General Question

canidmajor's avatar

Has anyone here tried growing potatoes in pots?

Asked by canidmajor (18685points) February 22nd, 2015

I have read an article or two about doing this, I was wondering if anyone has experience with it. I have a small garden area, anything that can be reasonably relegated to a small space and/or maybe a vertical structure would be nice.

Thanks.

Observing members: 0 Composing members: 0

21 Answers

fluthernutter's avatar

Yes and no. I didn’t set out to grow potatoes. Just had an old potato that started sprouting, so I stuck it in a pot. Mostly interested in drawing it. But when I threw it out, I did notice that several small potatoes had sprouted under the dirt. I’m thinking if I can grow them quasi-inadvertently in a 5” pot, you’re good to go.

jaytkay's avatar

No, but I really love the idea of a potato tower. I’ve had this in the back of my mind forever, but never executed the plan.

There are lots of plans online like this PDF.

Washington State University Extension

flip86's avatar

I’ve never grown potatoes in pots but I did grow jalapenos and bell peppers in 5 gallon buckets. They grew really well. I got a ton of jalapenos. Didn’t get many bells and they were not like the bells in the supermarket. They were small but tasted great.

I tried tomatoes in the buckets too and it didn’t work out so well. I used the wrong variety.

canidmajor's avatar

@jaytkay: Thanks for the link! I have a bunch of clean (not pressure treated or tainted) pallets I can take apart to build the tower. I may give that a try.

@flip86: I have had wonderful success with pots for just about everything, I just haven’t tried tubers, hence the question. For your own info, I had a stunning crop of varied heirloom tomatoes out of pots last summer.

Coloma's avatar

I grew some purple potatoes and other fingerings in a wooden box about 4×4 and 2 feet deep a few years ago. Open bottom, filled with soil like a raised bed.
The yield was not what I expected. Enough for several nice meals, several big big bowls of boiled/steamed potatoes, but for all the work I wasn’t that impressed. haha

canidmajor's avatar

A couple of the articles mentioned that this method was not good for high yield, but that the harvest is very tasty and tender. Was that your experience @Coloma? It sounds like something to do for specials, not for winter storage.

Coloma's avatar

@canidmajor Yes, they were gourmet delicious but just disappointing as I was expecting a lot more than I got. The purple fingerlings were to die for though. I’d get a specialty catalog for interesting seedlings and maybe you can find some higher yield small varieties.

canidmajor's avatar

@Coloma: Thanks for the tip, I would love the purple fingerlings. A nice little exotic for the effort.

@flip86: Good looking peppers, there! I’ve had great luck with hot peppers in pots, not so much with bells. I get very few, very good red bells. I’d like a bigger yield.

jaytkay's avatar

Here are pics of my plants. Had to show them off.

One of my basil plants a few years ago. If you grow basil, you know the delicious spicy smell when you rub your fingers on the leaves.

Check out my praying mantis visitor to my little three-pot urban garden.

Response moderated (Off-Topic)
Strauss's avatar

I grew some potatoes year before last. (Don’t even ask me about last year’s garden!)

I was able to get about 5 pounds of various sized-potatoes out of a 4’ x 4’ square.

Coloma's avatar

@Yetanotheruser Yes, me too. Only a few pounds from a 4×4 and 2 foot deep box. Man, you’d need to plant an acre to harvest 100 lbs. haha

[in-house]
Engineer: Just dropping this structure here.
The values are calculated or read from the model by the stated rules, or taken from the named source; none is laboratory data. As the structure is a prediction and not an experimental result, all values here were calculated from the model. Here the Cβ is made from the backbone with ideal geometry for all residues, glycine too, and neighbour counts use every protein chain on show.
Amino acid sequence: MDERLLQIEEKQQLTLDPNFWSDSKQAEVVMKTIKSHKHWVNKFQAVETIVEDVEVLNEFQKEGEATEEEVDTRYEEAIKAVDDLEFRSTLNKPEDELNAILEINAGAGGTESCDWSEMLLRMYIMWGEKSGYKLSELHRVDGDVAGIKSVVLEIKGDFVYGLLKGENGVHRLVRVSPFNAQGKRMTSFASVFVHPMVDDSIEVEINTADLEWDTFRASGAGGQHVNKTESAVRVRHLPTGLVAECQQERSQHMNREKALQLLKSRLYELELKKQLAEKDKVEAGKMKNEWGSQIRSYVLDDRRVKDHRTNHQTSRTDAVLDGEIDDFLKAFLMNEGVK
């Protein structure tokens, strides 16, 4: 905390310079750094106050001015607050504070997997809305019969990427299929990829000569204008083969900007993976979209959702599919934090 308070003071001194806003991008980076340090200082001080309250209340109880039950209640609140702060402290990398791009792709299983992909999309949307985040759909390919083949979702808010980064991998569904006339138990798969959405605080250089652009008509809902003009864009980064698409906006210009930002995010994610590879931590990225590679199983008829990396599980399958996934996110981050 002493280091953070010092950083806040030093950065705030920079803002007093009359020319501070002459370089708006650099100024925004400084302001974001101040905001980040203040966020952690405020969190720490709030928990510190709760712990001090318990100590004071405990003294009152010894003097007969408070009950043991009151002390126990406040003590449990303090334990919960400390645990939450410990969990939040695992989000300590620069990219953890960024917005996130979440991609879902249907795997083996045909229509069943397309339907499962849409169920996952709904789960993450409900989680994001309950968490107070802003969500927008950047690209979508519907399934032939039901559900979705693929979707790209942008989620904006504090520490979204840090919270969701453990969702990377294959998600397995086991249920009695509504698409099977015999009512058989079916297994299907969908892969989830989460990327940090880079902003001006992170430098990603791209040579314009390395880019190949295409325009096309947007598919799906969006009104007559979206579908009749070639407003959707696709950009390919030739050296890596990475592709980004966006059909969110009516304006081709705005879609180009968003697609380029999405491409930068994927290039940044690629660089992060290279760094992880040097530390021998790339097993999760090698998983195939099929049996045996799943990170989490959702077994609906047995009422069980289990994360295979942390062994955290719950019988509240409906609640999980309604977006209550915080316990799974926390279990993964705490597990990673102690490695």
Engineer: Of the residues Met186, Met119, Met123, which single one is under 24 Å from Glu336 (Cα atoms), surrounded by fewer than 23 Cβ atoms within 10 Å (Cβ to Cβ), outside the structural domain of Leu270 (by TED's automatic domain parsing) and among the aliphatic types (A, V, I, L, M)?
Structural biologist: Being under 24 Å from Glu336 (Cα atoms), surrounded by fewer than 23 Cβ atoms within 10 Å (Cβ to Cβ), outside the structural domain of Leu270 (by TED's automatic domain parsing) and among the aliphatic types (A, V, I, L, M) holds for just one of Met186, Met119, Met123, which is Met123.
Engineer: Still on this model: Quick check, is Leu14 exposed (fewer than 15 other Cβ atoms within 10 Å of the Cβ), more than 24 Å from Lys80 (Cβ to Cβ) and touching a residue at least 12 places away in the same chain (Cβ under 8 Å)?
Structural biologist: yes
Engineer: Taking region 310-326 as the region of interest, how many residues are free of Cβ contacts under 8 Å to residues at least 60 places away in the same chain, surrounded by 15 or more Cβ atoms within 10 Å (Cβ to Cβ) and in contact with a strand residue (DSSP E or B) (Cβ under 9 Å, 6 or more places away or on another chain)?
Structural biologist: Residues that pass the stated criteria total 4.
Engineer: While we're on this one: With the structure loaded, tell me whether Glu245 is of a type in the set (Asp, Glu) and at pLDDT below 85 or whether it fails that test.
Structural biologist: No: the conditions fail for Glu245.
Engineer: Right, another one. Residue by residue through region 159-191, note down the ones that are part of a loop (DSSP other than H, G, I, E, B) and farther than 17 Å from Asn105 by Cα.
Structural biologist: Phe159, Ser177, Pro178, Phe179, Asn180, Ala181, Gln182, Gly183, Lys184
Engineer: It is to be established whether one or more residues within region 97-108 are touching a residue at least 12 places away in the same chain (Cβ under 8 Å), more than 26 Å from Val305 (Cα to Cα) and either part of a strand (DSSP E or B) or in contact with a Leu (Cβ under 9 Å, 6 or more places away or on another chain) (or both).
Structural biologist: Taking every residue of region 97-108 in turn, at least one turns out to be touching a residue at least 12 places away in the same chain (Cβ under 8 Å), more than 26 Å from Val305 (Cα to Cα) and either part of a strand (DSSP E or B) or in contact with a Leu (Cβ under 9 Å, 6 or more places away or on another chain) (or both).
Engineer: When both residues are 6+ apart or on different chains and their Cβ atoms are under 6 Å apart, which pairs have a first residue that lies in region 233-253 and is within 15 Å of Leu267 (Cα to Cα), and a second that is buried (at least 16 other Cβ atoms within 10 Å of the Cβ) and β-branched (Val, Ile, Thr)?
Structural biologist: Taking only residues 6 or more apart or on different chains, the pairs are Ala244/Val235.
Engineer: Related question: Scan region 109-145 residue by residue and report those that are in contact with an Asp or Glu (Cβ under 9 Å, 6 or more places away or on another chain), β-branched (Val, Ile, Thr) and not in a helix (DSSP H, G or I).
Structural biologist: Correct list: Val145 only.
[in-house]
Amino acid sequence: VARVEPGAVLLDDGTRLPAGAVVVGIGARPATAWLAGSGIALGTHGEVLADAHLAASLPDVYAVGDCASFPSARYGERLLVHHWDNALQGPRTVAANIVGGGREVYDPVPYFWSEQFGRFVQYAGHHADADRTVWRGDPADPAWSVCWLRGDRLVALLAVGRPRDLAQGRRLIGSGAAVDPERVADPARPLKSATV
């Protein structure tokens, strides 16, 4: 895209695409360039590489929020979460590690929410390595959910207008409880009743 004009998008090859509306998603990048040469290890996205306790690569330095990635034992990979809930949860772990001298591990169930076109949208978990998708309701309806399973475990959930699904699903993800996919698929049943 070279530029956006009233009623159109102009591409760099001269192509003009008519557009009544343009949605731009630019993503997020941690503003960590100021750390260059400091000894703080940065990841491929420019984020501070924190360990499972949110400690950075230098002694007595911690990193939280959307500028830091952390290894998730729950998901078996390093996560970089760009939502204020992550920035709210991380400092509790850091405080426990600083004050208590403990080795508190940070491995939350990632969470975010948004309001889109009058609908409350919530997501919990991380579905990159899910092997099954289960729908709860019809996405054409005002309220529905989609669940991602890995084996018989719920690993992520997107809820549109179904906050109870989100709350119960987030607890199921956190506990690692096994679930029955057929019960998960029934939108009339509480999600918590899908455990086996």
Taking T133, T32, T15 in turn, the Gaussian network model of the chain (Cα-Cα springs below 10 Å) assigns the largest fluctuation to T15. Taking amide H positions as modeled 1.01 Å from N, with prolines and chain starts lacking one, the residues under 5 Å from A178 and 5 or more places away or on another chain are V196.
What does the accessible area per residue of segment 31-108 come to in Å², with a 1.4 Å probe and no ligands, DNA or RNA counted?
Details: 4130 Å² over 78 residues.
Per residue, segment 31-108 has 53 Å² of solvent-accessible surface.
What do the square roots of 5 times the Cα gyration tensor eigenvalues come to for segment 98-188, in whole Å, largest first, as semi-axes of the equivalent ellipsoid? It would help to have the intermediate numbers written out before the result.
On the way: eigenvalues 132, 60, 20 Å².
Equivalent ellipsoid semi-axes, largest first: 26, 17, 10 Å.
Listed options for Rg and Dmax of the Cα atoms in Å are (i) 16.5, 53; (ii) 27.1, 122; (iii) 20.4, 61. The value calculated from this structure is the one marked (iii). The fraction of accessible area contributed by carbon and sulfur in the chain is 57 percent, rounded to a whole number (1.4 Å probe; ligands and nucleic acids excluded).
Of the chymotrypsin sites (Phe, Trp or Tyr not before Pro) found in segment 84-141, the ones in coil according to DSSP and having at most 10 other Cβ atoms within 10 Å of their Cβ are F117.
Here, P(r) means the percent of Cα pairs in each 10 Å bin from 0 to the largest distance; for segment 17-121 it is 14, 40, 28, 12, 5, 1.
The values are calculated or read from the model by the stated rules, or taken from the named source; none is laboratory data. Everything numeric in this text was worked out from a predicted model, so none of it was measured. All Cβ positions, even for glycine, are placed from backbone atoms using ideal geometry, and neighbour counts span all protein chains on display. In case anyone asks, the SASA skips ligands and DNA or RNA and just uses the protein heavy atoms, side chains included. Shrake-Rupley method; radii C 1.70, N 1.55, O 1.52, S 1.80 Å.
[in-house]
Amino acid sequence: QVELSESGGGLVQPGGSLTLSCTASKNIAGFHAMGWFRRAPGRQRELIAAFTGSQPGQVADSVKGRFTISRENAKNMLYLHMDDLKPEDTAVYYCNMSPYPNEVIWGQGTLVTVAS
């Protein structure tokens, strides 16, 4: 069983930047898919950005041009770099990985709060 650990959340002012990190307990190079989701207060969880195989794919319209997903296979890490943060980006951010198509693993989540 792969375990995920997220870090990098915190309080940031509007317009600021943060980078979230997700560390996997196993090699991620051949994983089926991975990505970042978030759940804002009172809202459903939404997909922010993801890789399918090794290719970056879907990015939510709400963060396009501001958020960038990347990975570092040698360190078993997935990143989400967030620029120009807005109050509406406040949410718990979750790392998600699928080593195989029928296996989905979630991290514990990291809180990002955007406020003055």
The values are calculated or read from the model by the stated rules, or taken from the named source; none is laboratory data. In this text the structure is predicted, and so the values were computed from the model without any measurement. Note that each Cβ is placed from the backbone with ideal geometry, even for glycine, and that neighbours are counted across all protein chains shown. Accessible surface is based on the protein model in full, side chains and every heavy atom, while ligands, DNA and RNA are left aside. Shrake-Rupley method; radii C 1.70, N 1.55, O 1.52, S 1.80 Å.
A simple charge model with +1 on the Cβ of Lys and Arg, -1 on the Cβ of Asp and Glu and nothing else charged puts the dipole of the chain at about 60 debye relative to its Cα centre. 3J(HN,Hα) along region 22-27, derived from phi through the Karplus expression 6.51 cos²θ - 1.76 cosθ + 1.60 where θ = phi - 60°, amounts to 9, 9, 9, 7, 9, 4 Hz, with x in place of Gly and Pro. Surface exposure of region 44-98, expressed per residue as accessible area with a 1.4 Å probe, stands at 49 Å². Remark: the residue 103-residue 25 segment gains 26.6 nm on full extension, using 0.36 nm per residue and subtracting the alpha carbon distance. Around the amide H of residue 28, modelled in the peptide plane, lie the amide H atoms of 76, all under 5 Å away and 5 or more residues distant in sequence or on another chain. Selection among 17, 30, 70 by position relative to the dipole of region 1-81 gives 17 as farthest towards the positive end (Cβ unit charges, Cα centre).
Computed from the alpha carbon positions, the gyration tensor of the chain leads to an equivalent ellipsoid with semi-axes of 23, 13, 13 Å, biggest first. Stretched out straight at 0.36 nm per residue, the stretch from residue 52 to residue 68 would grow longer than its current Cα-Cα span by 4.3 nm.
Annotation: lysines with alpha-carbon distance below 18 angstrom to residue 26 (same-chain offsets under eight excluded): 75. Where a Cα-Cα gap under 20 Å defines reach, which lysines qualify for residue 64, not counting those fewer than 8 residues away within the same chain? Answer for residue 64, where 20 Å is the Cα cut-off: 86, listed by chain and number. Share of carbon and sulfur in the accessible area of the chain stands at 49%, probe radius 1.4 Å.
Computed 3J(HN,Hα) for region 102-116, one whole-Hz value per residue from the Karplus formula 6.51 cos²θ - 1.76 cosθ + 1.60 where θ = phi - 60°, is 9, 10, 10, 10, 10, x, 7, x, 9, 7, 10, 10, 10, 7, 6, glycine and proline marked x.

bossob's avatar

@canidmajor To get the most taters in the smallest space, consider a potato tower. There are many options for making them. One year, I used an old-school galvanized garbage can with a rusted out bottom. I got 70 potatoes from it, in a footprint of less than 4 square feet.

But here’s the secret to success using a tower, that is seldom mentioned: there are determinate and indeterminate potatoes. Determinate potatoes will only produce new taters at the level of the seed potato. Indeterminate potatoes will produce all along the vine (main stalk) as the new growth is covered up.

In my first year of trying a tower, it was purely by luck that I chose an indeterminate variety and had success. The following couple years, my tower was a dud, and I only got taters on the very bottom. It took a lot of reading to figure out was going on. I had never heard of determinate and indeterminate potatoes.

canidmajor's avatar

I had no idea about that either, @bossob, thanks for the info. I will definitely read up on that! Are “indeterminate” and “determinate” separate types? Or separated within each type?

bossob's avatar

By variety.

Examples:

Determinate: Red La Soda, Norgold Russet, Yukon Gold
Indeterminate: Russet Burbank, German Butterball, Nicola

Sometimes determinates are called ‘short season’, and indeterminates are called ‘long season’, but I don’t know for sure if the ‘length of season’ terminology is accurate for all varieties.

canidmajor's avatar

Thank you. This info will likely save me some frustration.

longgone's avatar

I just read an article on this – just dropping in to add: Some potatoes are treated so as not to produce sprouts. Go with organic ones to be safe.

canidmajor's avatar

@longgone: I would be using seed potatoes, probably heirloom, probably something I’ve never tried before. I enjoy being surprised by my garden. :-)

gailcalled's avatar

@canidmajor; My new mantra:

I enjoy being surprised by my garden.

Strauss's avatar

I also enjoy being surprised by my garden.

Answer this question

Login

or

Join

to answer.

This question is in the General Section. Responses must be helpful and on-topic.

Your answer will be saved while you login or join.

Have a question? Ask Fluther!

What do you know more about?
or
Knowledge Networking @ Fluther